The Ultimate Late Fall Bay of Quinte Walleye Fishing Guide

by Pete Bowman


There is a fall fishing phenomenon that has existed for a long time now that is anticipated by plenty of hard-core anglers from both Canada and the USA. It normally starts in October and runs right into December. Of course, as per the title of this piece, we are talking about the annual Bay of Quinte fall Walleye migration in the province of Ontario.

By the way, if you want to read about that great cover image Walleye, check out my piece called Reaching Deep For Walleye which we shot last fall on the Bay of Quinte.


I remember back many years ago when I used to fish well into November with my long-time fishing pal Mike Burriss. Back in the day, it was strictly Walleye, nowadays, we’ll try for anything as long as it’s not frozen over. Our old Walleye deal was to grab a bucket of mud minnows and head out to either the Long Reach or the Telegraph Narrows, both areas which are not far from my old hometown of Napanee.

Depending on the wind strength and direction, we would set up for a series of drifts, dragging our jig and minnow combinations. For the most part, we did quite well but as time passed on, the fishing seemed to get tougher and tougher.

Quinte Walleye
This was a typical fall Walleye that I would “jig” up from the Bay of Quinte

By the end of my prime jigging time, I’d be hard-pressed to get even a few of those typical fall fish in the 5-8-pound range. It was to the point of vertical jigging in 30+ feet of water for little cigar sized Walleye with the odd giant (usually 10 pounds or more) mixed in. Those big ones made for great pictures and stories, but it was a long day for maybe one fish.

Then something happened.


I was in Moon’s bait shop in Deseronto picking up my usual couple-dozen minnows when a guy named Tom Gustar came up to me and asked how I have been doing “jigging” up my Walleye in the reach. I told him and he kind of shook his head and suggested I needed to troll as he was catching loads of BIG Walleye. Of course, when I hear stories like this, the doubt factor immediately pops in. After all, we would only see the odd big fish, and as well, who the hell was Tom Gustar?

Well, let me tell you about Tom. At that time, he was one of the only, if not the only Canadian that was actively fishing on the PWT better known as the Professional Walleye Tour. They covered mostly US waters if I remember correctly. For Tom, these were good learning experiences on a variety of waterbody types away from home (Ontario).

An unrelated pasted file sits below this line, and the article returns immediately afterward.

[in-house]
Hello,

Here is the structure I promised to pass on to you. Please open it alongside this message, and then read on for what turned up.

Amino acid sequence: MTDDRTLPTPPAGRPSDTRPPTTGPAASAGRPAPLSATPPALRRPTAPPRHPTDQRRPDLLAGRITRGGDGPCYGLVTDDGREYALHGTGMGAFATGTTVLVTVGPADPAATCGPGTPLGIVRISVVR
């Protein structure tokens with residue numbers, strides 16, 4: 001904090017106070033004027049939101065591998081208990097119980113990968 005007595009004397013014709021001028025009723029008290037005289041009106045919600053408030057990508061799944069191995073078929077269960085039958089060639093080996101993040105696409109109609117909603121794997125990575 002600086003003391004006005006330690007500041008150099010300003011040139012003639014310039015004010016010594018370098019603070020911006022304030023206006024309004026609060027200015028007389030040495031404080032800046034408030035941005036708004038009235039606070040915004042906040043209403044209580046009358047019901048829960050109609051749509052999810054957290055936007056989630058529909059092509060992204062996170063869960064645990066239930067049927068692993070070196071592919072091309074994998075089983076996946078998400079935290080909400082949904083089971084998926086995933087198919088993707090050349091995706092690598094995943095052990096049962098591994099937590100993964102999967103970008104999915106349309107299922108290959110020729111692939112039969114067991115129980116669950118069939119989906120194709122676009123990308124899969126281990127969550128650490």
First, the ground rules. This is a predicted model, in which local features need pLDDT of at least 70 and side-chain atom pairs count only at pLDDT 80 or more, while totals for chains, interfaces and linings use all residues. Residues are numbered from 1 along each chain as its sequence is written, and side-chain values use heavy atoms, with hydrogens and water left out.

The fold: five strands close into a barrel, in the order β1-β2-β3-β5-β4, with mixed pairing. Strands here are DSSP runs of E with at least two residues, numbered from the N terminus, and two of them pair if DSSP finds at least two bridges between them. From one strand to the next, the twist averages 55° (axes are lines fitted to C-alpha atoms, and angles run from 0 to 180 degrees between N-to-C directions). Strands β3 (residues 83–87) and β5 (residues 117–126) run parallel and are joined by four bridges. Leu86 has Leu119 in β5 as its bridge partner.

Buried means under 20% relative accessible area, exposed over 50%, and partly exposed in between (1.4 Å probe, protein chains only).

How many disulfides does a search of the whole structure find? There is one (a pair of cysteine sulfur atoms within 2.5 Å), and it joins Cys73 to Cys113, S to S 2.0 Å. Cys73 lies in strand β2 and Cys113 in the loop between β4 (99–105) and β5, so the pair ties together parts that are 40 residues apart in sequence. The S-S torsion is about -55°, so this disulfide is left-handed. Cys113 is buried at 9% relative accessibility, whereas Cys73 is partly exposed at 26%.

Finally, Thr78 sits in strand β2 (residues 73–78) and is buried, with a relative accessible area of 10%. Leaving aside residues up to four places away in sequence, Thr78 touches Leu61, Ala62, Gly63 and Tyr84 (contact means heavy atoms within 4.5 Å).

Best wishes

Tom Gustar (left) has taught me and my buddies (Randy Jennings on right) tons about late Quinte Walleye fishing

One of the greatest techniques Tom picked up while touring was refined trolling tactics. Not just dropping a line back at an unknown distance. He was dropping lines back at precise distances and he was spreading his lines out to cover more water.

Every time Tom saw me, whether near Quinte or in the Greater Toronto Area, he’d ask “when are fish fishing together?”

Well, it finally happened. I was going to call this big dude’s bluff. Loads of 10-pounders… yeah right!


I’ll always remember that first time Tom got me out on the water in his boat. We launched and he looked at the conditions and said “it’s gonna’ be a good day”. That’s it. Nothing about what we were going to use, trolling tactics, etc.

Once we started to set out our spread, however, my mouth couldn’t stop spewing questions.

This is the first time I had ever seen little inline planer boards. I found them intriguingly awesome. Something different and if they worked, a new tool for me. Well worked they did. No sooner did we have our two lines out and set did one of the boards start ripping backward. “There you go, grab the rod”

That first fish surprised us at being a big Northern Pike. Big for Quinte that is. Probably around 15lbs. Of course, I was freaking out (I love big Pike) and even Tom cracked a bit of a smile as he hadn’t seen many there at that time as well. Trust me though, he was as disappointed as he was surprised since his main deal there was Walleye.

Not to fret, the Walleye came soon after. And man did they come!

It was then that I knew Tom wasn’t bragging about his fall trolling tactics to me, he was teasing me in order to get me out there and show me his discovery. And what a discovery he had, ALL TO HIMSELF BTW!

Tom and I went on to returning season after season to enjoy this Walleye phenomenon and even shot a Fish’n Canada episode there.

Here is an article I did back in 2007 with an old buddy where we fished the conditions and caught a couple of mules… around 13lbs each!

Continue to Page 2 for more of Pete’s Ultimate Fall Bay of Quinte Walleye Fishing Guide

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